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Synonyms

Amygdalopersica Daniel Amygdalophora M.Roem. Amygdalopsis M.Roem. Amygdalus L.[1] Armeniaca Scop.[1] Cerapadus Buia Ceraseidos Siebold
Siebold
& Zucc. Cerasus Mill.[1] Emplectocladus Torr. Lauro-cerasus Duhamel Laurocerasus M.Roem.[1] Maddenia Hook.f.
Hook.f.
& Thomson[1] Padellus Vassilcz. Padus Mill.[1] Persica Mill. Pygeum Gaertn.[1]

Prunus
Prunus
is a genus of trees and shrubs, which includes the plums, cherries, peaches, nectarines, apricots and almonds. Around 430 species are spread throughout the northern temperate regions of the globe. Many members of the genus are widely cultivated for fruit and ornament. The fruit from this genus are commonly called the stone fruit.

Contents

1 Botany

1.1 Classification

1.1.1 Linnean classification 1.1.2 Modern classification

2 Cultivation

2.1 Flowering cherries

3 Toxicity 4 Pests and diseases 5 Species

5.1 Eastern Hemisphere 5.2 Western Hemisphere

6 Palaeobotanical models 7 Etymology 8 Notes 9 References 10 External links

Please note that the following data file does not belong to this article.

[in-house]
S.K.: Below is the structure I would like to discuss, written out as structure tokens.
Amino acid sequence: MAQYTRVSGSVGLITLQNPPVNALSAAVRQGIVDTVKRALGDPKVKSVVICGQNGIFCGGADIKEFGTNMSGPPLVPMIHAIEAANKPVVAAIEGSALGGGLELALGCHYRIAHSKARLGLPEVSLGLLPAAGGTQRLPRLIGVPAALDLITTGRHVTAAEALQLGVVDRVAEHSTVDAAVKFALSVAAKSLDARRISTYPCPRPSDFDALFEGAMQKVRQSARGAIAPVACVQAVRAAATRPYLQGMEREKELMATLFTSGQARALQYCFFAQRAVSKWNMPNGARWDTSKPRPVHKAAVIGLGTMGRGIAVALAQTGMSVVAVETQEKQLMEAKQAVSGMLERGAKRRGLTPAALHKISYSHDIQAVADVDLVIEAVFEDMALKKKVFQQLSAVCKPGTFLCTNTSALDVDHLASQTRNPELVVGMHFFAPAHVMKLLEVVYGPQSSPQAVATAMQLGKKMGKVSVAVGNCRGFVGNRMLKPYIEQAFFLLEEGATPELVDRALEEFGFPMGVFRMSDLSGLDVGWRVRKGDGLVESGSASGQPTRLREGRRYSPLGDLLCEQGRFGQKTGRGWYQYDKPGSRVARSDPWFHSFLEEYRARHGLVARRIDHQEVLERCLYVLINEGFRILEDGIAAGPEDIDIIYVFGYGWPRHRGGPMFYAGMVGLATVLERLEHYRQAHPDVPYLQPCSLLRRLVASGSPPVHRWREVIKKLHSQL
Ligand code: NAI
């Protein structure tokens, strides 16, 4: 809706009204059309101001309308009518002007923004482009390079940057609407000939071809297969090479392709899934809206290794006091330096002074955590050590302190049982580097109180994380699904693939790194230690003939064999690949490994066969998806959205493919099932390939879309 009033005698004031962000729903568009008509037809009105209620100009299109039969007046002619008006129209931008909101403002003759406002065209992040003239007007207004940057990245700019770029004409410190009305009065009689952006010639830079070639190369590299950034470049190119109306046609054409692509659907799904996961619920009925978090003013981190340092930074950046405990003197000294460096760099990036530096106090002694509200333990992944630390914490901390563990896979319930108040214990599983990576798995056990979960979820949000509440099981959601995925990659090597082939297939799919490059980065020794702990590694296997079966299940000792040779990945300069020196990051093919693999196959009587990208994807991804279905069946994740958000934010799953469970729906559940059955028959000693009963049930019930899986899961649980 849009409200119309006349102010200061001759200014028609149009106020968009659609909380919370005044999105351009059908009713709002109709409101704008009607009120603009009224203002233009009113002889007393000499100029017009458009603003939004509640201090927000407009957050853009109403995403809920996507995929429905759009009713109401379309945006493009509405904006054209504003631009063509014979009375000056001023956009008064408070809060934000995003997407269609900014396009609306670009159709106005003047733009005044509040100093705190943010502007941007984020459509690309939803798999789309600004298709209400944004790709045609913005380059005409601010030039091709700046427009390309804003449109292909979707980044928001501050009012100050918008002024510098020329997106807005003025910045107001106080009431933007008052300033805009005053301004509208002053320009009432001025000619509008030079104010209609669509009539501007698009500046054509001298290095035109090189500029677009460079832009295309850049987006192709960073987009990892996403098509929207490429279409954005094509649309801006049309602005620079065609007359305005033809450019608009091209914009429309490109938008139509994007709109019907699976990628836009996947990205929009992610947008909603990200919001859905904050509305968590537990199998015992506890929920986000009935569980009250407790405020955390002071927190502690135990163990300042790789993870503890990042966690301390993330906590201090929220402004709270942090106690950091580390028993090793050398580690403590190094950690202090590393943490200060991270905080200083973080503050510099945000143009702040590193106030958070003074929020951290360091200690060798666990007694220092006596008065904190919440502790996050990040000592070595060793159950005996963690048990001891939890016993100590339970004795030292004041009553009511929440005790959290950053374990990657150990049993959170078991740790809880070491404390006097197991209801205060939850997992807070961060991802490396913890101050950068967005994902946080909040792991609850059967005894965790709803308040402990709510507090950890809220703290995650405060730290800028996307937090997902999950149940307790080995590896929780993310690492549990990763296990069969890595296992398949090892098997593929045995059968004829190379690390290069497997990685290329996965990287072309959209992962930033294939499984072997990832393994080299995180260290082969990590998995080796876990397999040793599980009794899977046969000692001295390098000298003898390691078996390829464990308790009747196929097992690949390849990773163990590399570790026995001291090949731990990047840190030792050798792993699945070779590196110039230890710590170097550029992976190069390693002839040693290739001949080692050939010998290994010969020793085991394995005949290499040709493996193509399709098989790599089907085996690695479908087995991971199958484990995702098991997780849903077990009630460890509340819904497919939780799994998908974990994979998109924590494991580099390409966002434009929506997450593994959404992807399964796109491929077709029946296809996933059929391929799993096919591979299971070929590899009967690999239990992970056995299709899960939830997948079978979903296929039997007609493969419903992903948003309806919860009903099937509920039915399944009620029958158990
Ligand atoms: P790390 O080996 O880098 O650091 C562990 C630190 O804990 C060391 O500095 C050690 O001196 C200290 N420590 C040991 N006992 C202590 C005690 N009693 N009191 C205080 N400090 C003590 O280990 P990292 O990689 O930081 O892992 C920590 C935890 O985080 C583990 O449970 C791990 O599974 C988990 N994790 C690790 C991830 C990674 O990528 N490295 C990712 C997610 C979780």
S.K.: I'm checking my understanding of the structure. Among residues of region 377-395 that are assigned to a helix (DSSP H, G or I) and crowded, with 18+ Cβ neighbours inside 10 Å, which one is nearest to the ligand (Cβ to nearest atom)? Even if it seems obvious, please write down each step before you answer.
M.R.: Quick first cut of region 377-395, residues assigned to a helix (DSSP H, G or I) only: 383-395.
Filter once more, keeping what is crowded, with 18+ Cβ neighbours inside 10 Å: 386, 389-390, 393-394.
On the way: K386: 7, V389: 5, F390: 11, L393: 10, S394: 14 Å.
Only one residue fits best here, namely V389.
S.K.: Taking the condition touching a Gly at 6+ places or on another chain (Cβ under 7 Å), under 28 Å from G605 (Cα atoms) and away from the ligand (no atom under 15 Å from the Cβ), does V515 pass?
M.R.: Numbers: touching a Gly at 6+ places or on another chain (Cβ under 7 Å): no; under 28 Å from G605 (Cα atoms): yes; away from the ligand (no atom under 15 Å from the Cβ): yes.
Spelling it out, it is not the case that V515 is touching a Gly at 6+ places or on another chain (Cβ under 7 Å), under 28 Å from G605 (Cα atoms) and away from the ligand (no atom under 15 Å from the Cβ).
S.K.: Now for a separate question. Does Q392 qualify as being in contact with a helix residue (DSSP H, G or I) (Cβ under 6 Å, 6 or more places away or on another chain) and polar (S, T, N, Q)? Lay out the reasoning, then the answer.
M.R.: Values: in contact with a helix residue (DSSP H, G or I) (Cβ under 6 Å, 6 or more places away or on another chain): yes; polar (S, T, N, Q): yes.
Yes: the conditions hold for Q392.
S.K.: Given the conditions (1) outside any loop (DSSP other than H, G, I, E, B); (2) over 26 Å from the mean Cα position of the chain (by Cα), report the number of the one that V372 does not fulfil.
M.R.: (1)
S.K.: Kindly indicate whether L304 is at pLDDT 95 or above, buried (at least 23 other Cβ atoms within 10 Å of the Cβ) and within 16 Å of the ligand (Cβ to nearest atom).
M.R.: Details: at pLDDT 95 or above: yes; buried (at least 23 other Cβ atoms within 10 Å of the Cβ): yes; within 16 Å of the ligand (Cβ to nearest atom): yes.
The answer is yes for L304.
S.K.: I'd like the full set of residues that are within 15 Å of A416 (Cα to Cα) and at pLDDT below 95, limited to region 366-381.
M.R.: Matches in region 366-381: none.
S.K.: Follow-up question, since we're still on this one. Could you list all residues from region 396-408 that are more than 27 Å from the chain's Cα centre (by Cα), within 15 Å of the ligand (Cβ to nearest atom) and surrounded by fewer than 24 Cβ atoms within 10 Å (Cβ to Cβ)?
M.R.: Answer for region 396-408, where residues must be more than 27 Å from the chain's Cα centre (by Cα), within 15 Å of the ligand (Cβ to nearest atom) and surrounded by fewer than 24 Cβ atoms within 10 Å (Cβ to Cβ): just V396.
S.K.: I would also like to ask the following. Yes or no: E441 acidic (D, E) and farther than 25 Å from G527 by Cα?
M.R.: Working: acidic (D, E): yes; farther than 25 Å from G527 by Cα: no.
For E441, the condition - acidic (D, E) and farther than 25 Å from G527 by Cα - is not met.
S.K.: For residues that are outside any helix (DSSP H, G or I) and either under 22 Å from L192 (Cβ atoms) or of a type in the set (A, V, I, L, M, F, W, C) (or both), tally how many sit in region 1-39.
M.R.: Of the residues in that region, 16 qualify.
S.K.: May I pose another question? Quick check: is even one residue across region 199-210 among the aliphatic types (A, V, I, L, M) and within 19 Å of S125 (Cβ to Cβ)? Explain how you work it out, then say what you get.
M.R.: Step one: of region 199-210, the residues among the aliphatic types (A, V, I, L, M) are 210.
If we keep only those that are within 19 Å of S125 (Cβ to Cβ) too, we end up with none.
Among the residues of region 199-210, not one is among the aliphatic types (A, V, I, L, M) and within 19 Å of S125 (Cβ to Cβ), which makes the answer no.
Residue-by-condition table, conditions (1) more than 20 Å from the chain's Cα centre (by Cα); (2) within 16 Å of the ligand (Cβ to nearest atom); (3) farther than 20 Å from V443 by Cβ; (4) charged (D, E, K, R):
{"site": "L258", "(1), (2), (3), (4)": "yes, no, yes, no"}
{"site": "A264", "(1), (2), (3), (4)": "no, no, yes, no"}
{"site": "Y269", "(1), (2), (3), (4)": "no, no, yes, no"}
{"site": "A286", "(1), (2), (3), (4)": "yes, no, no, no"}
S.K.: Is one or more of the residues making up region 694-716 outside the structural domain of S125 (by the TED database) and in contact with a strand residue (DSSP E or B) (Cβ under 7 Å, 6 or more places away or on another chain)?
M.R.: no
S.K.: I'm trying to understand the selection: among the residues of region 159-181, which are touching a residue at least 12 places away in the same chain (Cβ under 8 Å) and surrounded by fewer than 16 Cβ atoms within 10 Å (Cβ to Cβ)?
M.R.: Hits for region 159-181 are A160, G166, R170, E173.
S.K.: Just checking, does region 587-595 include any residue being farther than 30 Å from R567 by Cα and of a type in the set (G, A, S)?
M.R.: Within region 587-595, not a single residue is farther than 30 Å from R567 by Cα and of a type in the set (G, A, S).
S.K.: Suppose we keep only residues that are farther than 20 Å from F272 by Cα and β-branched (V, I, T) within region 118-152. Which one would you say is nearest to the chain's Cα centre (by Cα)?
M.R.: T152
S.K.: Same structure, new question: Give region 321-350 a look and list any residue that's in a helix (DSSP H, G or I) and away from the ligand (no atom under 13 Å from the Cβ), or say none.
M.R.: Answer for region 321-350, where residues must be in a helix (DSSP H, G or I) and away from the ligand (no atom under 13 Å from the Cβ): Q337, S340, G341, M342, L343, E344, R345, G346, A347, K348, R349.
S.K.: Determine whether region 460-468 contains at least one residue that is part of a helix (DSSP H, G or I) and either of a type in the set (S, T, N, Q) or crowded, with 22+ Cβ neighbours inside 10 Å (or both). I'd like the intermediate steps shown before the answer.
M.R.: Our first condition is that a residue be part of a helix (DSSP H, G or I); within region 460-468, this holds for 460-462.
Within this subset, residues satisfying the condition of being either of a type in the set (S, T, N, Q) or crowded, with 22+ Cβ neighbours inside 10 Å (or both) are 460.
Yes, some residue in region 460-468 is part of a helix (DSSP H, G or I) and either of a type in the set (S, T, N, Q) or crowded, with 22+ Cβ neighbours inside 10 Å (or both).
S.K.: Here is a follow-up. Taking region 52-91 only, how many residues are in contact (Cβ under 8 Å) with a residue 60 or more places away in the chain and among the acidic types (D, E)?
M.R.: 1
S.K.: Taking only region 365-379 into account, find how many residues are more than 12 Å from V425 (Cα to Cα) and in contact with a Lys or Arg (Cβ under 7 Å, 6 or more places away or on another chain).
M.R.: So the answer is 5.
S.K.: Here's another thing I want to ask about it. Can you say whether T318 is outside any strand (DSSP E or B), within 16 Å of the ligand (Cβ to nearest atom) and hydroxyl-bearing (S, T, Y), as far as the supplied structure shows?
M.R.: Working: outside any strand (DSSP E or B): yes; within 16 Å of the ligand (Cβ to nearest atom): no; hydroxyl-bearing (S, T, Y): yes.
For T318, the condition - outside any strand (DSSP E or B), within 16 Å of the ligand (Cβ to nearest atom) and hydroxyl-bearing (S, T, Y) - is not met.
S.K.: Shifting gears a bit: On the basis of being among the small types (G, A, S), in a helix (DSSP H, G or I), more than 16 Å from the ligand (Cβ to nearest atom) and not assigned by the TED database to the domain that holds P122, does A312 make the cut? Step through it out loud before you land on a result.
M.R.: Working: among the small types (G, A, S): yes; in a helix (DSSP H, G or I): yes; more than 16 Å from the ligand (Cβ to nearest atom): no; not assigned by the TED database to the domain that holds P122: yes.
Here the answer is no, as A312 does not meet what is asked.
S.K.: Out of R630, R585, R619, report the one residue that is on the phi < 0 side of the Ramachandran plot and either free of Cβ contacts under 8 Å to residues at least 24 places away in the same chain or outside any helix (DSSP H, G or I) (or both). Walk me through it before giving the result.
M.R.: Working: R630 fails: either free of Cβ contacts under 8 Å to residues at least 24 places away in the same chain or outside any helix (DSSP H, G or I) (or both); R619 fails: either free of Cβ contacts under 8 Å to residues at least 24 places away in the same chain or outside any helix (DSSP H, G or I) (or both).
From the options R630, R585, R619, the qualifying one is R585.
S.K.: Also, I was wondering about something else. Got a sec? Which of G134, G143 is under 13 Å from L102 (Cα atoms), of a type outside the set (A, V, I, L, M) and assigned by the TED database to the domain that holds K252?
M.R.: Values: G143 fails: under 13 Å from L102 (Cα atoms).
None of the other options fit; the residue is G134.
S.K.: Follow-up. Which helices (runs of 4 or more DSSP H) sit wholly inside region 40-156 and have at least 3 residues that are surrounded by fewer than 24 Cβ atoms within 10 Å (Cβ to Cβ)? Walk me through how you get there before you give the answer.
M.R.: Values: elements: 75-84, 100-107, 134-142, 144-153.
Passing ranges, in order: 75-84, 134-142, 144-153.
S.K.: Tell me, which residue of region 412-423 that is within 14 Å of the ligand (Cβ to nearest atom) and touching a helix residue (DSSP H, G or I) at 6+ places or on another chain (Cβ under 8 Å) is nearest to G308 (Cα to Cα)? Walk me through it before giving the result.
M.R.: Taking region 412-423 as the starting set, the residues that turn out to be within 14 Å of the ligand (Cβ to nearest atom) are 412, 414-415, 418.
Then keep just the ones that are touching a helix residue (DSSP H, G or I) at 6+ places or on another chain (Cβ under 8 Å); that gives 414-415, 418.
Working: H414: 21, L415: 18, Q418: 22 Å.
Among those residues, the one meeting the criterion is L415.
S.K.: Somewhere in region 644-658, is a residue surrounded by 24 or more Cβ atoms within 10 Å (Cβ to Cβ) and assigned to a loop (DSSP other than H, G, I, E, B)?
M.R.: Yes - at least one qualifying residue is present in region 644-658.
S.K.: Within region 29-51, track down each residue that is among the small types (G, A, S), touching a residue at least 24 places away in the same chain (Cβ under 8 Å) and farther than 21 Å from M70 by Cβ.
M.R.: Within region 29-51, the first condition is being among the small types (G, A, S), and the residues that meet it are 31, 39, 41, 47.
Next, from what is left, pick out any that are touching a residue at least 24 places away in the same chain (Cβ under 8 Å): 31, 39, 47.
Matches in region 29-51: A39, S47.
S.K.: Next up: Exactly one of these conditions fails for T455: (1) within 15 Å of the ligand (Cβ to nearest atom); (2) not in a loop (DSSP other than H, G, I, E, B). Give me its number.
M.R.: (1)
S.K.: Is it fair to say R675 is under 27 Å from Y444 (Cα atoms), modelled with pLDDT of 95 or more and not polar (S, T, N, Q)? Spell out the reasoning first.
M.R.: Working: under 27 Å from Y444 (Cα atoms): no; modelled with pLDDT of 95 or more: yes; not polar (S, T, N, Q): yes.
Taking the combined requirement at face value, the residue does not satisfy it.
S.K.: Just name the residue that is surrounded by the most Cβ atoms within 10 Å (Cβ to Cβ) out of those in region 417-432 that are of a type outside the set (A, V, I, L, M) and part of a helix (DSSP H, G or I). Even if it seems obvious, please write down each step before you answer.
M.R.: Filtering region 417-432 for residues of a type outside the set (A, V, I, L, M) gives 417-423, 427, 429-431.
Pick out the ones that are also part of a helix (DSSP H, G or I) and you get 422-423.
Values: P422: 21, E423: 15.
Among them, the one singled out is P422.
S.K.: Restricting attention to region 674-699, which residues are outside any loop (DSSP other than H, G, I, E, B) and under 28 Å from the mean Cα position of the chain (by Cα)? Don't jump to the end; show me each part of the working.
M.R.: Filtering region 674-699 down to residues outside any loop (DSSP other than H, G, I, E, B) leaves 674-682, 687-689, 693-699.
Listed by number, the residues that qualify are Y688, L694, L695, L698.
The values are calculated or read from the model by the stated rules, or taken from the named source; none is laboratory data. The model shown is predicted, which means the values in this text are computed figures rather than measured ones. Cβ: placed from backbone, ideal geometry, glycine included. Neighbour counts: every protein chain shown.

Botany[edit] Members of the genus can be deciduous or evergreen. A few species have spiny stems. The leaves are simple, alternate, usually lanceolate, unlobed, and often with nectaries on the leaf stalk. The flowers are usually white to pink, sometimes red, with five petals and five sepals. There are numerous stamens. Flowers are borne singly, or in umbels of two to six or sometimes more on racemes. The fruit is a fleshy drupe (a "prune") with a single relatively large, hard-coated seed (a "stone").[2] Within the rose family Rosaceae, it was traditionally placed as a subfamily, the Amygdaloideae